Dixon signed with UNC Greensboro, but when UNC Greensboro coach Randy Peele was fired, Dixon was released from his commitment. He elected to attend Fork Union Military Academy for a year, and his profile was raised considerably playing against top-notch competition. After that year, he had offers from Virginia Tech, Rutgers, Seton Hall, Providence, Texas, South Carolina and Alabama, among others.
He chose Virginia Tech, partly because Peele had been hired there as an assistant for head coach Ricky Stokes.
Dixon became a solid player for struggling Virginia Tech teams that competed in the Big East Conference during his freshman, sophomore and junior seasons.
Dixon scored 21 points in his college debut. He averaged double figures each of those three seasons — 11.1, then 12.2, then 13.8 points per game.
A fractured foot sidelined Dixon prior to his senior season, but it was a blessing in disguise. Sitting out a season as a redshirt meant that Dixon was still on campus for Virginia Tech’s initial season of Atlantic Coast Conference competition in 2004-05. He had a fine year for coach Seth Greenberg, and many of his memorable college moments came that season.
“Coach Greenberg made me more of a complete player,” Dixon said. “He wanted me to post up more, attack more.”
As a senior, competing in the ACC, Dixon averaged 13.8 points per game while shooting 41.2 percent from 3-point range. He averaged a career-high 4.5 rebounds. Virginia Tech went 16-14, its best season in many years, and played in the NIT.
Dixon always will have a place in Virginia Tech lore because of his steal-and-dunk against Clemson that clinched the first ACC win in the Hokies’ roundball history.
Dixon made a game-winning jumper that season against Georgia Tech and had a six-steal game against Wake Forest, but it was an upset of Duke that provided his fondest college memory. He had 18 points and nine rebounds against the Blue Devils — tormenting J.J. Redick — and he came through with a game-deciding assist when two Duke players appeared to have him trapped.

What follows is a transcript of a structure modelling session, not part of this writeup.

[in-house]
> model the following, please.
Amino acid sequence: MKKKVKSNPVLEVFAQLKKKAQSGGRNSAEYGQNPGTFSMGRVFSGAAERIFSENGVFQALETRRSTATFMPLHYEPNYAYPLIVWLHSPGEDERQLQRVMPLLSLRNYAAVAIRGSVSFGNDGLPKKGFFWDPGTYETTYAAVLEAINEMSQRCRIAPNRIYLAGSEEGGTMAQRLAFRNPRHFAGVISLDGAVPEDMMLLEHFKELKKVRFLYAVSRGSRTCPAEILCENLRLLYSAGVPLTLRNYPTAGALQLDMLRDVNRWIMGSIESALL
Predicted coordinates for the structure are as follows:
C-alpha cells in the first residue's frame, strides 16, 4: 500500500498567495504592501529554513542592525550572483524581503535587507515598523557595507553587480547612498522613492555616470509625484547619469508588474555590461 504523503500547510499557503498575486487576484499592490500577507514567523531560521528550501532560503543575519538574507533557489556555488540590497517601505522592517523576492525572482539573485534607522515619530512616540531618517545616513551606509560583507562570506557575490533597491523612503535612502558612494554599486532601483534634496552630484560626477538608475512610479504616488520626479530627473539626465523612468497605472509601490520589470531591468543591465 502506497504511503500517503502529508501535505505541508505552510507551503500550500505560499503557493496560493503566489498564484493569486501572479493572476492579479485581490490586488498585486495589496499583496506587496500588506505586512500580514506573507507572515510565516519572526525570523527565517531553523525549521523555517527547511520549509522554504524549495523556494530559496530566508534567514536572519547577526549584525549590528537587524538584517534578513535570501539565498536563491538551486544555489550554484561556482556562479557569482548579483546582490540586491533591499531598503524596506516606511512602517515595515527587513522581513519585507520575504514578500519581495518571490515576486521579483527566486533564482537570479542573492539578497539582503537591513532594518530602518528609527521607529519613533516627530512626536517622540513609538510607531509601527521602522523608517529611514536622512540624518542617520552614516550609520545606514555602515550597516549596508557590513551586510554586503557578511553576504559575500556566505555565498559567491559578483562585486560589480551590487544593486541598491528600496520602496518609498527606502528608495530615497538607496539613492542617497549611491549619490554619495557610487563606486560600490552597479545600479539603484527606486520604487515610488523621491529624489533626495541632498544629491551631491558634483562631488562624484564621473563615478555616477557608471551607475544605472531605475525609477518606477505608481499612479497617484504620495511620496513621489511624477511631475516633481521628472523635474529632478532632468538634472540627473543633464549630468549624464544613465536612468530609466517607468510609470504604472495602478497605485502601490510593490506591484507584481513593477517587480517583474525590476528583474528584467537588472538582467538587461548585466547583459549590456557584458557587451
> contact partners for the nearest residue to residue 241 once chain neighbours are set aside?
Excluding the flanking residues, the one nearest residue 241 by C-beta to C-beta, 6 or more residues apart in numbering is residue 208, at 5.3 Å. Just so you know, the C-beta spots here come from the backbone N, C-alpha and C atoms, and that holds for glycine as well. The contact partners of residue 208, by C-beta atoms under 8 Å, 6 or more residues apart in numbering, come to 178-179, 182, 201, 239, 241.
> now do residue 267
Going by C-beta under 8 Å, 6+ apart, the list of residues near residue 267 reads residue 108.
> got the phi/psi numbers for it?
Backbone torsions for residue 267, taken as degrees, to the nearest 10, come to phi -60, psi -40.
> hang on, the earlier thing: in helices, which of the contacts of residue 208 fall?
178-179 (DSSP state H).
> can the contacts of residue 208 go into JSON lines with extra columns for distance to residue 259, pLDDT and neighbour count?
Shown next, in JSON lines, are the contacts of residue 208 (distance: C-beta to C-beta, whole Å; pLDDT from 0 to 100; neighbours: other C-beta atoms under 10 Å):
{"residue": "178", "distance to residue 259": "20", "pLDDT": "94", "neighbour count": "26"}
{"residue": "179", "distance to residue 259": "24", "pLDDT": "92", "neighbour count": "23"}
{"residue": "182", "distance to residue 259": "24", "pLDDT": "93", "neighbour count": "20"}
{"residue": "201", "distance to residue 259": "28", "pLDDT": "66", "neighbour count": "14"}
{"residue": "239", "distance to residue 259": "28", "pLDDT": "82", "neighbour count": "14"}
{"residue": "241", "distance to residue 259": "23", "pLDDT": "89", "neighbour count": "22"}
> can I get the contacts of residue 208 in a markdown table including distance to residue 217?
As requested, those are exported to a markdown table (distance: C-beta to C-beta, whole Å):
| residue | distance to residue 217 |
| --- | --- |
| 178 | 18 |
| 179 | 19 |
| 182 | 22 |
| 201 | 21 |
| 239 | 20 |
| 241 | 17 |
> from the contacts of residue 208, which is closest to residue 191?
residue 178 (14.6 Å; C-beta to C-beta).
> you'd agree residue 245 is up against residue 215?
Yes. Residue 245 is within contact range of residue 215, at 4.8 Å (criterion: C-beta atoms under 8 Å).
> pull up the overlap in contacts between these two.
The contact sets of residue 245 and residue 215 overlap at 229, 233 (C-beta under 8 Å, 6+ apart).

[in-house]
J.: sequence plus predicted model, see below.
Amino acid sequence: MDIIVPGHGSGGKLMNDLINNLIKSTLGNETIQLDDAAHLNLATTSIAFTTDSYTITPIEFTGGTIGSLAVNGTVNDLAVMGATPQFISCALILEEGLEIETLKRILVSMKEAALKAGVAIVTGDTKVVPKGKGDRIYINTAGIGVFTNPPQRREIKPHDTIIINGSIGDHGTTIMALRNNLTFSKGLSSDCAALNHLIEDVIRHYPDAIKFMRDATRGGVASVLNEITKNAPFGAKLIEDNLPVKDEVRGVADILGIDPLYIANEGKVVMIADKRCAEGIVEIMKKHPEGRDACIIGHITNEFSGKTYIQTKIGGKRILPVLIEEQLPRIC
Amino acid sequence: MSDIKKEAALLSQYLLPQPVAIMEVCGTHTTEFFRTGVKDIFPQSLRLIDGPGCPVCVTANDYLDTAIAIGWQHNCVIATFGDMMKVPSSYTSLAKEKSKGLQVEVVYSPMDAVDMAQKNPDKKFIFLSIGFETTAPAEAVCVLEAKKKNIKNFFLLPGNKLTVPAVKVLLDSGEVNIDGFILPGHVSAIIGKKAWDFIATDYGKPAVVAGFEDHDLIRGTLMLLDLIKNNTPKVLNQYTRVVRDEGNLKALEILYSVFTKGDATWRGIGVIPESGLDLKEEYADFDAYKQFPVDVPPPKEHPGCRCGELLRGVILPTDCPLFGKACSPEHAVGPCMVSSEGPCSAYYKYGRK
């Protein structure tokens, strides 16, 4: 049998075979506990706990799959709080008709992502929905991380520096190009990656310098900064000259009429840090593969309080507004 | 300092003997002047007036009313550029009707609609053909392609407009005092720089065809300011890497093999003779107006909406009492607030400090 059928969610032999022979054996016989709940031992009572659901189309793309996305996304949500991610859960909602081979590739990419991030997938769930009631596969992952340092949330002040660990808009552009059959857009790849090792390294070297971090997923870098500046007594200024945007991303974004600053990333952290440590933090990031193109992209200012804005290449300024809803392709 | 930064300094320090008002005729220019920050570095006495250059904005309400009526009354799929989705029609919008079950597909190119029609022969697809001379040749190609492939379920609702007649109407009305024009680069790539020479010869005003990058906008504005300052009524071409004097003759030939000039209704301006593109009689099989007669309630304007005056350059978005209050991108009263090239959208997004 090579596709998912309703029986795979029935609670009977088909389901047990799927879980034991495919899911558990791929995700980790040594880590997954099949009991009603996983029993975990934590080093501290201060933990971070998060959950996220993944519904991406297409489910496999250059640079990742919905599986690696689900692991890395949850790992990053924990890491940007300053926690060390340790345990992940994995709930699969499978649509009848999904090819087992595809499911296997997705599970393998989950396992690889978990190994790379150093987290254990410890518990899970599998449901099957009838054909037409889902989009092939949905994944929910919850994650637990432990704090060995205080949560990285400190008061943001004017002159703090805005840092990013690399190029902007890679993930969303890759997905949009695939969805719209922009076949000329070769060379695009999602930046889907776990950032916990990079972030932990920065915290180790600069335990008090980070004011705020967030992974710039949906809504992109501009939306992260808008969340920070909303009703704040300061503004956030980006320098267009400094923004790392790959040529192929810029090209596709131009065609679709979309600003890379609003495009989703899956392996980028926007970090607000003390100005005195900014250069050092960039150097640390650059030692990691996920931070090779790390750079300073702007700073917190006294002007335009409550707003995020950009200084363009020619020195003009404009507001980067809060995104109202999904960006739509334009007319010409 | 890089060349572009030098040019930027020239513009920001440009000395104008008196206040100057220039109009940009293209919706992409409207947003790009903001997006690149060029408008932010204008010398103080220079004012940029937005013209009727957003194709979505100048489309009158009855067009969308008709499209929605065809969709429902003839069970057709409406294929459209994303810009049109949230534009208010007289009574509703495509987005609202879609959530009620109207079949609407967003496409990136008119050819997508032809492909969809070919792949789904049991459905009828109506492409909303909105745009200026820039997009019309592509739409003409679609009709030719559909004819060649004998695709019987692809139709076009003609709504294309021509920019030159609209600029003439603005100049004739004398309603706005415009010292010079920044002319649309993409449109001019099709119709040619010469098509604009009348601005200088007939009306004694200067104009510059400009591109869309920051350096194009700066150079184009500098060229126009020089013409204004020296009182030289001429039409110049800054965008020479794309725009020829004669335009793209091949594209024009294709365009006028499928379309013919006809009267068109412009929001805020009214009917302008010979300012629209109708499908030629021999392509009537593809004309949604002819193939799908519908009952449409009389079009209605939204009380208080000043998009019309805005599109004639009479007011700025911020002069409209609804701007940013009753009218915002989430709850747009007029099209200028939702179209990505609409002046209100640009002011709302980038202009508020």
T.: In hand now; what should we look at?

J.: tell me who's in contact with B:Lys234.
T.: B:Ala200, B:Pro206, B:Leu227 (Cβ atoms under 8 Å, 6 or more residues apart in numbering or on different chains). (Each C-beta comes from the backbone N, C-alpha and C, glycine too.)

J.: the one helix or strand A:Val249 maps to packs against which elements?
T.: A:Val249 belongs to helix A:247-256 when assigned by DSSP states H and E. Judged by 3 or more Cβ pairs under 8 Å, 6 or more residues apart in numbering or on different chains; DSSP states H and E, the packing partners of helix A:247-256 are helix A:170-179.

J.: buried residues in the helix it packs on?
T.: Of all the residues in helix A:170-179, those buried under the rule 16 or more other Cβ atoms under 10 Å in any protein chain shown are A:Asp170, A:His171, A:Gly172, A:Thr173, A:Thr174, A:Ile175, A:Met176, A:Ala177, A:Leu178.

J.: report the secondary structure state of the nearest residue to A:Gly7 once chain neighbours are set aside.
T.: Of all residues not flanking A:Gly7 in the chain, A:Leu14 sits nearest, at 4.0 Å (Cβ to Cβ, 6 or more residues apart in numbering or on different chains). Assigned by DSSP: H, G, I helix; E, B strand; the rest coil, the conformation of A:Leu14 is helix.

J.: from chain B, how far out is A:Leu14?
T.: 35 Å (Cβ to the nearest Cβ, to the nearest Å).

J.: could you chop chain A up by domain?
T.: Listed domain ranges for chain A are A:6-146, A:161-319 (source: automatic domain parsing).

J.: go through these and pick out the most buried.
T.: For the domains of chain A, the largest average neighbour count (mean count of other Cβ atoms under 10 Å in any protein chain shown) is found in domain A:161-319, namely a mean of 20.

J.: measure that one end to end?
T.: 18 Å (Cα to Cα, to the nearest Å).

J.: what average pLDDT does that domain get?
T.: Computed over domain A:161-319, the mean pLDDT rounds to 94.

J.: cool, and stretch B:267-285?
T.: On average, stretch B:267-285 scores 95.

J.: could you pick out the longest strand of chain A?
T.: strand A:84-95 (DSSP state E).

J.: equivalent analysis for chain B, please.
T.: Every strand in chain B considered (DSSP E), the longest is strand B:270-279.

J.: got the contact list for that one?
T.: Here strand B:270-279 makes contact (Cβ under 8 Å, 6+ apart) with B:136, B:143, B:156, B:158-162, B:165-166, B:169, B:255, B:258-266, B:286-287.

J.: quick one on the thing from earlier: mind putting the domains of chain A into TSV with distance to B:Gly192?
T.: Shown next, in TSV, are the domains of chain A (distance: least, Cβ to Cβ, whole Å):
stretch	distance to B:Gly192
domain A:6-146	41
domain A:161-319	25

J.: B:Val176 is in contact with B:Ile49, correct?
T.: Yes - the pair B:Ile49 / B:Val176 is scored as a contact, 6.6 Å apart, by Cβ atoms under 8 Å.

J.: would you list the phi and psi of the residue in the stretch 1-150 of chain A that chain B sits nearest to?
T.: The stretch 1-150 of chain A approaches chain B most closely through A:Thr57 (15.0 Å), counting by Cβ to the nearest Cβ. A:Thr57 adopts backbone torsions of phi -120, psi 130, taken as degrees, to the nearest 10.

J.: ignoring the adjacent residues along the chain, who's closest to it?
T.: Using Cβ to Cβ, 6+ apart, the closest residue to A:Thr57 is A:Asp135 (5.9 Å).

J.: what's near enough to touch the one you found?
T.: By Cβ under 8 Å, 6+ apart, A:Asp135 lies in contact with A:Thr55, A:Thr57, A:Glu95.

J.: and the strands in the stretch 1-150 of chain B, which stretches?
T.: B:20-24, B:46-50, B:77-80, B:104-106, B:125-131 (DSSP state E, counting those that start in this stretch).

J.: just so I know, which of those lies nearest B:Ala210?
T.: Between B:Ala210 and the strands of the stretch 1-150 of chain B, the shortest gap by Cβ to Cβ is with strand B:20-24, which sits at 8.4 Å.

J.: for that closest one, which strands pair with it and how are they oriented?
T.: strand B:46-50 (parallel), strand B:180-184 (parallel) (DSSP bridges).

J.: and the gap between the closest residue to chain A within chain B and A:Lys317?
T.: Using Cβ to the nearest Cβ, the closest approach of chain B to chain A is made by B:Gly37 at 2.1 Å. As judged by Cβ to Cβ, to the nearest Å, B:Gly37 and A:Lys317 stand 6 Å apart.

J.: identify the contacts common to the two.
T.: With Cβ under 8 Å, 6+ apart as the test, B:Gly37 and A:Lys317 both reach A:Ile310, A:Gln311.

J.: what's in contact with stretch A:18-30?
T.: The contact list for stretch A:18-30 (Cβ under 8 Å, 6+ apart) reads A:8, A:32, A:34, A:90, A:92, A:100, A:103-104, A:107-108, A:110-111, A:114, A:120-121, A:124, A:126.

“I didn’t get recruited by any of the big schools in North Carolina,” said Dixon, a Florida State fan growing up. “So beating Duke felt great.”
He scored 1,348 points at Virginia Tech and had 183 steals.
Then he was invited to the Portsmouth Invitational Tournament, a showcase where NBA scouts sized up the standout college seniors with NBA potential.
It was a temporary disappointment when he went undrafted by the NBA, but he turned that adversity into a long, productive pro career overseas.
Argentina was his favorite place to play. His only experience in Europe wasn’t a positive one — he found himself in a surprisingly rough league in France — but in Asia he found the free-wheeling uptempo style of ball he loved.
His best seasons came in Japan, where he was Honorable Mention for the all-league team three times and played on championship squads. There were seasons in which he shot better than 50 percent while leading squads with exotic names such as the Ryukyu Golden Kings, Iwate Big Bulls, Fukoza Rizing and Gunma Crane Thunders.
It’s the first time Dixon has been in the states at this time of year since he was in college. He’s making the most of it.
His older brother, Marvin, coaches Barber-Scotia in Concord, so they’re not far apart. Over the weekend, he sent out social media birthday greetings to his mother, Hattie Steele, who still lives in Salisbury
It’s different competing as a coach, but Dixon is making the adjustment.
“It’s still basketball,” Dixon said with a laugh. “I just have to dress up a little bit.”